Summit special – a gourmet guide to Valais - Switzerland

Where to stay

3100 Kulmhotel Gornergrat The highest hotel in the Swiss Alps – the name refers to the number of metres above sea level. Enjoy striking views of the 29 surrounding peaks, an on-site observatory and cosy chaletstyle rooms – some overlooking the Matterhorn. Two panoramic dining rooms and a glorious sun terrace (also part of the Gornergrat Gourmet Ticket – see Don’t Miss). Doubles from £378, including fourcourse dinner. Gornergrat, 3920 Zermatt, 00 41 27 966 64 00,

Hotel Ambassador Family-run hotel in an art nouveau building dating back to 1905, with bright, modern rooms and an apartment-like attic suite. The old-world-style brasserie offers traditional cuisine and Valais wines. Doubles from £120. Saflischstrasse 3, 3900 Brig, 00 41 27 922 9900,

Schweizerhof Well-located Saas-Fee spa hotel with superb views of the Saas valley and good breakfasts. Perfect jumping off point for the region’s hiking routes. Doubles from £163. Haltenstrasse 10, 3906 Saas-Fee, 00 41 27 958 7575,

Hotel Stockalperhof Modern hotel ideally located in Brig’s buzzing main square. Don’t miss dinner in La Terrazza, a courtyard restaurant serving generously portioned Italian food including stellar truffle ravioli. Doubles from £116. Alte Simplonstrasse 6, 3900 Brig, 00 41 27 922 2600,

Hôtel des Vignes Set within picturesque vineyards, this four-star hotel is a short walk from St-Léonard train station and an ideal base for sight-seeing. Doubles from £140. Rue du Pont 9, Sion, 00 41 27 203 5030,

Walliserhof Grand-Hotel & Spa Saas-Fee Five star hotel with luxuriously modern, chalet-style rooms and superb swimming pool and spa. Doubles from £175. Dorfweg 1, 3906 Saas-Fee, 00 41 27 958 1900,

Travel Information

The canton of Valais is located in the south-west of Switzerland, and sits within the Rhône Valley close to neighbouring Italy and France. The area is well-known for its iconic Matterhorn peak and resorts such as Saas-Fee/Saastal, Leukerbad, the Aletsch Arena, Nendaz/Veysonnaz and the Région Dents du Midi, plus charming towns and villages like Brig, Sion and Mund. Both German and French are widely spoken in Valais. Currency is the Swiss franc (CHF) and time is one hour ahead of GMT. Flights from the UK to either Zurich or Geneva Airports take around 1 hour and 45 minutes. From the airports, the train to Brig takes around 2 hours and 20 minutes.

Swiss offers daily flights from London to both Geneva and Zurich Airports. Return flights from £82pp.

Some resorts in Valais are car free, but an interconnected and punctual public transport system across the region ensures hassle-free travel for visitors. A Swiss Travel Pass can be purchased for three, four, eight or 15 days (from £170pp) and provides unlimited travel by rail, bus and boat across 90 towns and cities, plus entrance to over 500 museums.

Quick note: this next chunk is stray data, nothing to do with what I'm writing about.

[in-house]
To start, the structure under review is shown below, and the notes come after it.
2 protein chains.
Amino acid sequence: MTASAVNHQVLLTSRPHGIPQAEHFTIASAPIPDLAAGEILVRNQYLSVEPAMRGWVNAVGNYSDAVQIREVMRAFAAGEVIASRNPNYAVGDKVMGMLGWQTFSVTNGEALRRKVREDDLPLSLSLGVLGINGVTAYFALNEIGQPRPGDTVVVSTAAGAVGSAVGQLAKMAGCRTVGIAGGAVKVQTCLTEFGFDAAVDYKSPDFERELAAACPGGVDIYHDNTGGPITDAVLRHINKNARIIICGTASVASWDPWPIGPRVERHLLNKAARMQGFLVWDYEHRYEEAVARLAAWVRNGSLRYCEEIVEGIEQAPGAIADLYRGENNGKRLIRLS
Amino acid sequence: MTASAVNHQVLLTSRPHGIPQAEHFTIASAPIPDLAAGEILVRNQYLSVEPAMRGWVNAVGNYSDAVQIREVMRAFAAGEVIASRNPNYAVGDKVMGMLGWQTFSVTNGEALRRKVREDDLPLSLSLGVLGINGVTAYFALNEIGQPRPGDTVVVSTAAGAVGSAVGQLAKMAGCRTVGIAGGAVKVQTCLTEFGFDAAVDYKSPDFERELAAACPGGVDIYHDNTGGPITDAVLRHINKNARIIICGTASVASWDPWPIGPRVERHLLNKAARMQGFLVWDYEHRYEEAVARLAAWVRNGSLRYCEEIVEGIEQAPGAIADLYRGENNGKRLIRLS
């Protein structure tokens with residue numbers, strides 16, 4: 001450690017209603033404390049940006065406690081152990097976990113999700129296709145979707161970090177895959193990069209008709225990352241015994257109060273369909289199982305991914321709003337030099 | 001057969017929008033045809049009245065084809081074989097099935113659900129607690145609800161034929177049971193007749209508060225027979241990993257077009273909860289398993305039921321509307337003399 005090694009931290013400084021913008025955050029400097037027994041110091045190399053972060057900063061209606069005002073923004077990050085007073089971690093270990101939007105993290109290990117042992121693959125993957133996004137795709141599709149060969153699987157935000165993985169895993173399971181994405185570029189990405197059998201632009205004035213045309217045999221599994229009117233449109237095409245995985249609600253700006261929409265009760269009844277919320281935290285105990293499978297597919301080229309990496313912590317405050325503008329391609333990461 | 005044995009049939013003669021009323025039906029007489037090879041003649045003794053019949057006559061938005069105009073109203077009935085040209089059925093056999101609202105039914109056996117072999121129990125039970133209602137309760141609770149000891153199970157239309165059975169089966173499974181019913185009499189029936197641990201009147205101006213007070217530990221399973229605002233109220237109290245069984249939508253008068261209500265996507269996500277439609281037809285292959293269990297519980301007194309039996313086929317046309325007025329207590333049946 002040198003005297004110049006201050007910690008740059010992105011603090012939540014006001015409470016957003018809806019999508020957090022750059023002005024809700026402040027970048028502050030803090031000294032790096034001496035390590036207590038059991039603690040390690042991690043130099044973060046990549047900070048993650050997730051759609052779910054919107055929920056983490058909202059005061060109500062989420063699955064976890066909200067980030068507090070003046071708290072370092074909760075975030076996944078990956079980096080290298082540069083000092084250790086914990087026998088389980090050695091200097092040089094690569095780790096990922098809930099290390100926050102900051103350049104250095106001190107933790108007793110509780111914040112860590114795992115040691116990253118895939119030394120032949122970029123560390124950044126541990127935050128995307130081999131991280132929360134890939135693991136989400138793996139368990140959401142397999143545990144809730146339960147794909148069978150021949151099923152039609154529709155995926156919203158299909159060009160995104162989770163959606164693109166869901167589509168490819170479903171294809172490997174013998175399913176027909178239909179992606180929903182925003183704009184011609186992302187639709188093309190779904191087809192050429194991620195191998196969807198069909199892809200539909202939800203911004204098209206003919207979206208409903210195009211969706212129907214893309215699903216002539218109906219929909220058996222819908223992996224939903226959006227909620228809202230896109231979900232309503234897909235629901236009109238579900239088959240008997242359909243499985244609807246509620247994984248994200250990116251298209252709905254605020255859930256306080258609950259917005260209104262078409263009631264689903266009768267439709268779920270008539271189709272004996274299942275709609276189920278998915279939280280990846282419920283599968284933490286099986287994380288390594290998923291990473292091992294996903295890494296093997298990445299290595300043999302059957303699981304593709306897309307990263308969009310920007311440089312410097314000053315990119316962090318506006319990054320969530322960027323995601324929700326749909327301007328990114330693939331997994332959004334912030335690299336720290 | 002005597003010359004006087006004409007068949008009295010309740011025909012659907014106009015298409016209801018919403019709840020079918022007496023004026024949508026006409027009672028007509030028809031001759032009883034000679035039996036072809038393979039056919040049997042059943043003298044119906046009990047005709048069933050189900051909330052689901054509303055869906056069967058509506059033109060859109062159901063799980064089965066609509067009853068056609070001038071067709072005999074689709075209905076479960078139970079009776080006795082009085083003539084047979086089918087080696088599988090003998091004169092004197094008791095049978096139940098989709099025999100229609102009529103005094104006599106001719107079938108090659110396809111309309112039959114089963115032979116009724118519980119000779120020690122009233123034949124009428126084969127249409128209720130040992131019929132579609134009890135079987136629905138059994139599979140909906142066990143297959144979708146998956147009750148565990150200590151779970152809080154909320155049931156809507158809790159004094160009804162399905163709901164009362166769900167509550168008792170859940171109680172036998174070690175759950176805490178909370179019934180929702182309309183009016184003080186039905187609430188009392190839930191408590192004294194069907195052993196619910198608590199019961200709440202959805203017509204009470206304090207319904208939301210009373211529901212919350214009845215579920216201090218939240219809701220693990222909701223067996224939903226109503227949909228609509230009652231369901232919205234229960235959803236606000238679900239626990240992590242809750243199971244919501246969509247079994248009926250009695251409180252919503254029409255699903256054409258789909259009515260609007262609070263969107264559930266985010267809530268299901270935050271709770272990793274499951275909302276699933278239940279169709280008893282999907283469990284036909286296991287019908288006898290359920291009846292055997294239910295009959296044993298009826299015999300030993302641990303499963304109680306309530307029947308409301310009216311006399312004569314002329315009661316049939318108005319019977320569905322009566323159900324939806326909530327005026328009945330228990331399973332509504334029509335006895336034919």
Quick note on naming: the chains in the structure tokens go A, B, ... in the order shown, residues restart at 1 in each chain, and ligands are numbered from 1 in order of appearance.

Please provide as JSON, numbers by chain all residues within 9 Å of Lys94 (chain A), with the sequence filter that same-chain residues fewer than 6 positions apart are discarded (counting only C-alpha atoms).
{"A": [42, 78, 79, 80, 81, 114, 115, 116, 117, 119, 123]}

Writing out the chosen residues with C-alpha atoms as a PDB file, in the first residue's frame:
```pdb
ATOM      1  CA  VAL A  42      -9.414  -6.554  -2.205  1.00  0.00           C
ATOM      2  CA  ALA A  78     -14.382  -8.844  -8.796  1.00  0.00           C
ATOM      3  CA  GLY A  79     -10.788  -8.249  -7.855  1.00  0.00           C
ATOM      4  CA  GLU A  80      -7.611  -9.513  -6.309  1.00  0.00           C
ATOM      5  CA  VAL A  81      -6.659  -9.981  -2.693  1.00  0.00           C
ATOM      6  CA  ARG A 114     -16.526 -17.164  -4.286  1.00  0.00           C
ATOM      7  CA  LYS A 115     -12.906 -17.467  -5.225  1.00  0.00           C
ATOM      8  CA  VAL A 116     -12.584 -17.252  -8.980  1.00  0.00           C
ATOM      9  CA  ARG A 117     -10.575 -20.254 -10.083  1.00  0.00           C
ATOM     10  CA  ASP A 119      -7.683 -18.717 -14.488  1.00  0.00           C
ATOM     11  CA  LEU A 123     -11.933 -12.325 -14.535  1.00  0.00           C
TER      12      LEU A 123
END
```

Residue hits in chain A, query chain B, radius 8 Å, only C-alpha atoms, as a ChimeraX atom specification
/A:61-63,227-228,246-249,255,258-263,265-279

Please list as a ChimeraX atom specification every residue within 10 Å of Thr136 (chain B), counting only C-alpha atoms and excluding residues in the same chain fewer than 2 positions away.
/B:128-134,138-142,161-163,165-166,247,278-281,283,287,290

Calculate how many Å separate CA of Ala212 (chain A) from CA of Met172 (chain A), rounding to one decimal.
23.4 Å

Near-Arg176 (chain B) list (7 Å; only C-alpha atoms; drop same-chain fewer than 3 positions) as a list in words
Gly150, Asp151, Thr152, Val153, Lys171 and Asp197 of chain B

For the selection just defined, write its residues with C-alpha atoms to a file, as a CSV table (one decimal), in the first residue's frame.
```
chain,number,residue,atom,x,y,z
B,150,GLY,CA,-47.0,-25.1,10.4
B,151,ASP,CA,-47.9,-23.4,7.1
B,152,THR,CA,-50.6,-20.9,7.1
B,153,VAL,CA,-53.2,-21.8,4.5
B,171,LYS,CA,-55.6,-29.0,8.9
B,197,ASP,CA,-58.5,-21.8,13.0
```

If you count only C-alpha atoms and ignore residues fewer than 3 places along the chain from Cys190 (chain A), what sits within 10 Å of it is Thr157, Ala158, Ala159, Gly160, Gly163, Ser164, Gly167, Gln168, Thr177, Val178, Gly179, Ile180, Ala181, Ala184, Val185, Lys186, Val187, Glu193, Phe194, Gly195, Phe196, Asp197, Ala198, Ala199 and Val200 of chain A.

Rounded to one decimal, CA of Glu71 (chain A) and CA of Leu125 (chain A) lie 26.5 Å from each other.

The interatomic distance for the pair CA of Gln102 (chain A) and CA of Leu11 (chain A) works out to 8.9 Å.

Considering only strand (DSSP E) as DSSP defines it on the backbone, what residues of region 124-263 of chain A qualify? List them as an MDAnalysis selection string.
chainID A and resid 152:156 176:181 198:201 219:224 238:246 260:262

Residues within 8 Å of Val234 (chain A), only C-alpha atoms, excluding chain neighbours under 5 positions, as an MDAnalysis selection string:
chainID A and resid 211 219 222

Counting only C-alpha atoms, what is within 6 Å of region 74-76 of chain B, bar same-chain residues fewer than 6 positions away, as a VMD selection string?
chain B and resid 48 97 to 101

Valais Matterhorn Region provides information and itineraries to help plan your trip. Book a range of Valais experiences via

Where to eat

Prices are for a three-course meal for two people with a bottle of wine, unless otherwise stated

La Terrazza Italian restaurant set within its own ‘piazza’ in the Stockalper hotel in central Brig. Among the speciality pastas on offer are many varieties of fresh, plump and excellent ravioli. From £122. Alte Simplonstrasse 6, 3900 Brig, 00 41 27 922 2600,

Restaurant Rosswald Popular family-run mountainside restaurant (with an outdoor terrace) serving hearty classics from the area, including the famous chässchnitte and seasonal ice cream coupes. From £53. Rosswald 63, 3913 Rosswald, 00 41 27 923 2159,

Restaurant Schäferstube Modern European restaurant run by young couple Daniel Kornhuber and Simone Zurbriggen. Expect traditional flavours with a unique twist, and don’t miss their cordon bleu, a cheesefilled schnitzel updated with a tangy fruity sauce. From £138. Obere Gasse 32, 3906 Saas-Fee, 00 41 27 957 2537,

Restaurant Vieux-Chalet Cosy cabin-style restaurant specialising in traditional dishes including fondue. Order the fondue selection to try several flavours with options including traditional, tomato and even pesto. From £88. Untere Dorfstrasse 3, 3906 Saas-Fee, 00 41 27 957 2892,

Food Glossary

A colourless brandy flavoured with pitted and fermented Luizet apricots – the canton’s star fruit, thanks to the year-round sun, which have been cultivated here since 1838
Assiette Valaisanne
A platter of Valais dried beef IGP, cured ham IGP and sausage, with AOP Raclette du Valais and Valais rye bread
Alpine herbs
Around 35 aromatic plants are cultivated here, including lemon balm, camphor, chamomile, edelweiss and verbena – all well used in the region’s cuisine
AOP Valais rye bread
Round, cracked loaf with a distinctive browncrust made from rye flour – the only grain that can adapt to extreme climates and altitude, it has been grown here since 1209. A sharp flavour and deep aroma make it ideal as part of an assiette Valaisanne
A dish of bread, Raclette du Valais, ham and a fried egg. Wine is heated to steam the bread and melt the cheese
A baked flaky pastry filled with onions, leeks with apples, potatoes and Raclette du Valais cheese
The most significant red wine of the region known for its full-bodied juicy fruit flavours
A classic made with melted cheese and potatoes for dipping
Galette Valaisanne
A pizza-like dish made with the canton’s produce, including a rye-flour base, Raclette du Valais cheese, cured regional ham and herbs from Grand St Bernard
This slightly bitter herbal liqueur which is made with the Alpine plant génépi blanc makes a good digestif
Grape seed
Surplus seeds from wine production are used to make flour for a vitamin-rich, rustic bread that’s ideal for breakfast. It is also cold-pressed to produce a nutty oil
Le cordon bleu
A traditional dish from Brig typically prepared using pork or veal (though chicken is also common), which is stuffed with ham and cheese, crumbed and then deep fried
Raclette du Valais AOP
The most famous cheese of Valais, produced here since ancient Roman times and today melted at the table and served with small potatoes and pickles. AOP status guarantees its provenance, with the milk being sourced from, produced and matured within the region